Digital Signage Is a Quiet Giant of the Display Industry

By Gary Feather
The digital signage (DS) sessions at Display Week opened with discussions of the market aspects of the technology, then followed with implementations of the displays. Conclusions were that display innovations will grow the DS market over a billion dollars annually in just two years.  The target markets now and in the future are overwhelming. Business and technology solutions worldwide discussed at Display Week included: Sports venues and public arenasVegas and gaming (sports books and entertainment)Transportation (trains and planes)Government (command, control, communications, and information)Retail and digital out of home (DOOH)Corporate and conferencingInteractive and AR entertainment performers in the AR environment with huge audiencesCinema (to replace DLP projection) The current billions of sales in DS display solutions are largely unknown to many in the industry. Signage includes the special (and often artistic) implementation of LCD panels, LCD tiled walls of hu…

AR/VR: Reality is Not for the Faint of Heart

By Gary Feather
The word on the street in Los Angeles was that AR/VR was everywhere at Display Week 2017.  True! AR/VR was a topic in keynotes, seminars, symposium presentations, and certainly in conversations everywhere. The available perspectives on this subject were one-of-a-kind, including those from the biggest (Samsung, Google, and Intel) and the brightest (Stanford, Lumus, and LEIA), with visionaries all around making this engagement a unique opportunity for attendees. 
However the R or “reality” of AR/VR is not for the faint of heart. 
Digging a little deeper and looking at more of the total environment, there is an unexpected juxtaposition of the rush of optimistic euphoria attenuated by the intense existence of dysphoria. From visionaries to researchers, from product developers to marketing experts, there was a community expressing both focus and frustration.  Words of encouragement in every session were coupled with warnings of past failures.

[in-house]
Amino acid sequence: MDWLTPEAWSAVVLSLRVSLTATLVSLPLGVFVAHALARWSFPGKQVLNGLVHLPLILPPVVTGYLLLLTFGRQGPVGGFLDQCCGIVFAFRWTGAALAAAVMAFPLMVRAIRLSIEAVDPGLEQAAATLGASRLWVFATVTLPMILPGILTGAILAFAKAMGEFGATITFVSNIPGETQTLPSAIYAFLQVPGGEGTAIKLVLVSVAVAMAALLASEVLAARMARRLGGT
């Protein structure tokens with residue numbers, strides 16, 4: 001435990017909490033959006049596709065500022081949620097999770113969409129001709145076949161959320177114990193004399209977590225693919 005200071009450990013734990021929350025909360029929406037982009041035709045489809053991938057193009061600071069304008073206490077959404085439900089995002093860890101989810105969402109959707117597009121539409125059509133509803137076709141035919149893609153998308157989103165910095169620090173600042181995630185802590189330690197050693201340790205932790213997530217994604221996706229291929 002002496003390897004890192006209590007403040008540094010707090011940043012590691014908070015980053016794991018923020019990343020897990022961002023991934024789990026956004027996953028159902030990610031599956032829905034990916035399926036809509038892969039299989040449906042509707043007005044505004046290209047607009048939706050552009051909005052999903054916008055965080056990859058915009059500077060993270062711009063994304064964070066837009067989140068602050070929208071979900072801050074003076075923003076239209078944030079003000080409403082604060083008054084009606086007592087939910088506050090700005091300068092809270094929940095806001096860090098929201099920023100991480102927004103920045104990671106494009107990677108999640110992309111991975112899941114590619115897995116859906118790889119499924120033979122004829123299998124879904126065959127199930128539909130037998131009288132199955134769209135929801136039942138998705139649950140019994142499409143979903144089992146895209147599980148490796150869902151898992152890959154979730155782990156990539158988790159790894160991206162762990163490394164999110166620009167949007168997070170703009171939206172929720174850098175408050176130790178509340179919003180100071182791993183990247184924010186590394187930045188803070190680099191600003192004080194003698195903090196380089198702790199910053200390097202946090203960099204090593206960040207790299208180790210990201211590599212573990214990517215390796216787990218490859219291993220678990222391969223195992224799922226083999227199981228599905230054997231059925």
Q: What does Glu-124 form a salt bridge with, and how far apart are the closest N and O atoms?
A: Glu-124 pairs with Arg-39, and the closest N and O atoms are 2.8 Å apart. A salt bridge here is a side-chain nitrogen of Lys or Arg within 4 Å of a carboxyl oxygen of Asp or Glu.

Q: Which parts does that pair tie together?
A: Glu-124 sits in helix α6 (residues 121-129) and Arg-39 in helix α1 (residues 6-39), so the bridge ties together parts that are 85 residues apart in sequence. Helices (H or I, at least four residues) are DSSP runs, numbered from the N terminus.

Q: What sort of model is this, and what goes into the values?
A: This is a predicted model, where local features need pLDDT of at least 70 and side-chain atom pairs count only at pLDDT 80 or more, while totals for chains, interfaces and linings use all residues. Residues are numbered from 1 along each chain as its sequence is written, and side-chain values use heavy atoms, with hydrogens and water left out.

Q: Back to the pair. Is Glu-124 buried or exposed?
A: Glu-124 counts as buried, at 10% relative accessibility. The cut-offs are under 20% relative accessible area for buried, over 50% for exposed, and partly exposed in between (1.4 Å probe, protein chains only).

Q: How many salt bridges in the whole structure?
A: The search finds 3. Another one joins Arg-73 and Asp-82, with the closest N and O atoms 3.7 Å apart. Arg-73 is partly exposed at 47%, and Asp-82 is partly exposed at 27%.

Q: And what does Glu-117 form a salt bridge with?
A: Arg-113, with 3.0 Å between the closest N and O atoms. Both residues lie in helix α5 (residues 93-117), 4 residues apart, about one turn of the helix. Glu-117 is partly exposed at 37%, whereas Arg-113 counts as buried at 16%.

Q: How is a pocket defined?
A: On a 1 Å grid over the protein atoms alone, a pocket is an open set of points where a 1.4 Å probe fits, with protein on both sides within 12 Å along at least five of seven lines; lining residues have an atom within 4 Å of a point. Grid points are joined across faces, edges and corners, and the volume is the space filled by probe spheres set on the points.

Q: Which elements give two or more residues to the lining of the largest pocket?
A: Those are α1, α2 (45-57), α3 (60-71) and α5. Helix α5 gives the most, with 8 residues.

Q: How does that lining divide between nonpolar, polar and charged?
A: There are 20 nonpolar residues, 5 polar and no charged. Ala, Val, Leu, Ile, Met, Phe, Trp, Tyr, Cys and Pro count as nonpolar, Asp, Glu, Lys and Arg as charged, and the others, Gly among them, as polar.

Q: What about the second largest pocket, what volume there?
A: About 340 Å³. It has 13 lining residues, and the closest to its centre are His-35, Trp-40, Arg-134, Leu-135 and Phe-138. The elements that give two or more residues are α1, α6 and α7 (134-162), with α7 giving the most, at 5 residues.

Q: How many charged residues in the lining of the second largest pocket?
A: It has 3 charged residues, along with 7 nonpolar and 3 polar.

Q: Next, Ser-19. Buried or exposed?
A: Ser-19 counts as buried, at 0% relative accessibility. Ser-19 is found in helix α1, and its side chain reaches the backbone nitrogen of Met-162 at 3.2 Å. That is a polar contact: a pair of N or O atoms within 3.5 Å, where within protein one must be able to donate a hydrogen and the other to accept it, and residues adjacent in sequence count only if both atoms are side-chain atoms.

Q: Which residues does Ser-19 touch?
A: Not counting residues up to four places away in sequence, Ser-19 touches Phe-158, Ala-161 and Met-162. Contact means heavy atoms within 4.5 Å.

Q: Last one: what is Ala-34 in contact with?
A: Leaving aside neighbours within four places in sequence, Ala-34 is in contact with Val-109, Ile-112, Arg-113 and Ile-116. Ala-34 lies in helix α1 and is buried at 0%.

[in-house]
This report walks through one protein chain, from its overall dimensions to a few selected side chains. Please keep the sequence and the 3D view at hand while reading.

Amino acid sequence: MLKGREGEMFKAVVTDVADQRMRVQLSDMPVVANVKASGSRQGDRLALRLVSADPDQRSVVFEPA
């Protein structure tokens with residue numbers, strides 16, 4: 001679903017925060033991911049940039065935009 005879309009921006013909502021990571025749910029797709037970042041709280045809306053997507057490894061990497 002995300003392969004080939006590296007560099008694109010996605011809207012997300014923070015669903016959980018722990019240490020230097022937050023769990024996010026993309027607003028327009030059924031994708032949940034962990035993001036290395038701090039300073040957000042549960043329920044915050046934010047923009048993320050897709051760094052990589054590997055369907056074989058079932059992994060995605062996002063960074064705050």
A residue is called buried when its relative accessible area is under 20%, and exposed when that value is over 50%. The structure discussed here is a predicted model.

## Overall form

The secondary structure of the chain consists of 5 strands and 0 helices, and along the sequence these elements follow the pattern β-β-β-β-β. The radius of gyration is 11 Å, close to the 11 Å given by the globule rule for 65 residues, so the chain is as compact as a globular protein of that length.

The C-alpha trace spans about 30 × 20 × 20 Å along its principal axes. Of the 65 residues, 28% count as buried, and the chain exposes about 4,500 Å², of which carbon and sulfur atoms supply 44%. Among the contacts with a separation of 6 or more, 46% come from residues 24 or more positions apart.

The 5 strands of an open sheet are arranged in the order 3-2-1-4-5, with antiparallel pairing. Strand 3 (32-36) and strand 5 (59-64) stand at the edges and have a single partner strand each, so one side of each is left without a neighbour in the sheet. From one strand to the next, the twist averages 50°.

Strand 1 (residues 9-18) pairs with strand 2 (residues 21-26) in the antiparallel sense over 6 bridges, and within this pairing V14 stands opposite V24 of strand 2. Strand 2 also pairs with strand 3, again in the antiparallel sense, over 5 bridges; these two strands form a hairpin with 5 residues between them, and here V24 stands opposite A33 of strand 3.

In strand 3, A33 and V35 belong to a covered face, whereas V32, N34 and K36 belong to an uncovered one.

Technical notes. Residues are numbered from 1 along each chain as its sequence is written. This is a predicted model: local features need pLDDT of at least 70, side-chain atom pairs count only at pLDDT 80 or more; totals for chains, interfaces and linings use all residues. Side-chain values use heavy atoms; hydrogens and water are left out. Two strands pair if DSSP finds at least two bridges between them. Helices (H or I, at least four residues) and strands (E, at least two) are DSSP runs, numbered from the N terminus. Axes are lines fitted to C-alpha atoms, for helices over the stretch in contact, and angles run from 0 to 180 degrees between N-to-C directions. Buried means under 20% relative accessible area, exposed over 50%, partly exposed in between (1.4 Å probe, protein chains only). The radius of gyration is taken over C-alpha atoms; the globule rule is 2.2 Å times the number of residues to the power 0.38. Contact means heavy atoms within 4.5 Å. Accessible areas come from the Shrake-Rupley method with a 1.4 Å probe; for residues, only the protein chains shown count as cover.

Welcome to the display indus…

Pixels, pixels, pixels …

By Achin Bhowmik
“How many pixels are really needed for immersive visual experiences with a virtual reality (VR) head-mounted display (HMD)?” This is one of the most popular questions that I got during and after the short course I taught at this year’s Display Week.
So I thought I would reflect over this a bit, and point to some recent developments and trends in the display industry as gleaned from the presentations and demonstrations at this year’s event. First, let’s consider some basic, back-of-an-envelope, math and calculations. Here are some facts related to the human visual system. An ideal human eye has an angular resolution of about 1/60th of a degree at the central vision. Each eye has a horizontal field-of-view (FOV) of ~160° and a vertical FOV of ~175°. The two eyes work together for stereoscopic depth perception over ~120° wide and ~135° high FOV.
Since the current manufacturing processes for both the liquid-crystal displays (LCDs) and organic light-emitting diode display…

HDR is Highly Dynamic

By Tom Fiske

Judging from the papers presented at Display Week this year, no one technology or company has a lock on high dynamic range (HDR) displays, the HDR ecosystem, or even on how to describe HDR performance.  The main technology contenders are OLED displays, dual-modulation LCDs, and dual-modulated projection light-valve systems. The ecosystem includes Dolby Vision and ACES encoding and delivery schemes, among others. The measurement protocols and standards for HDR are still in development.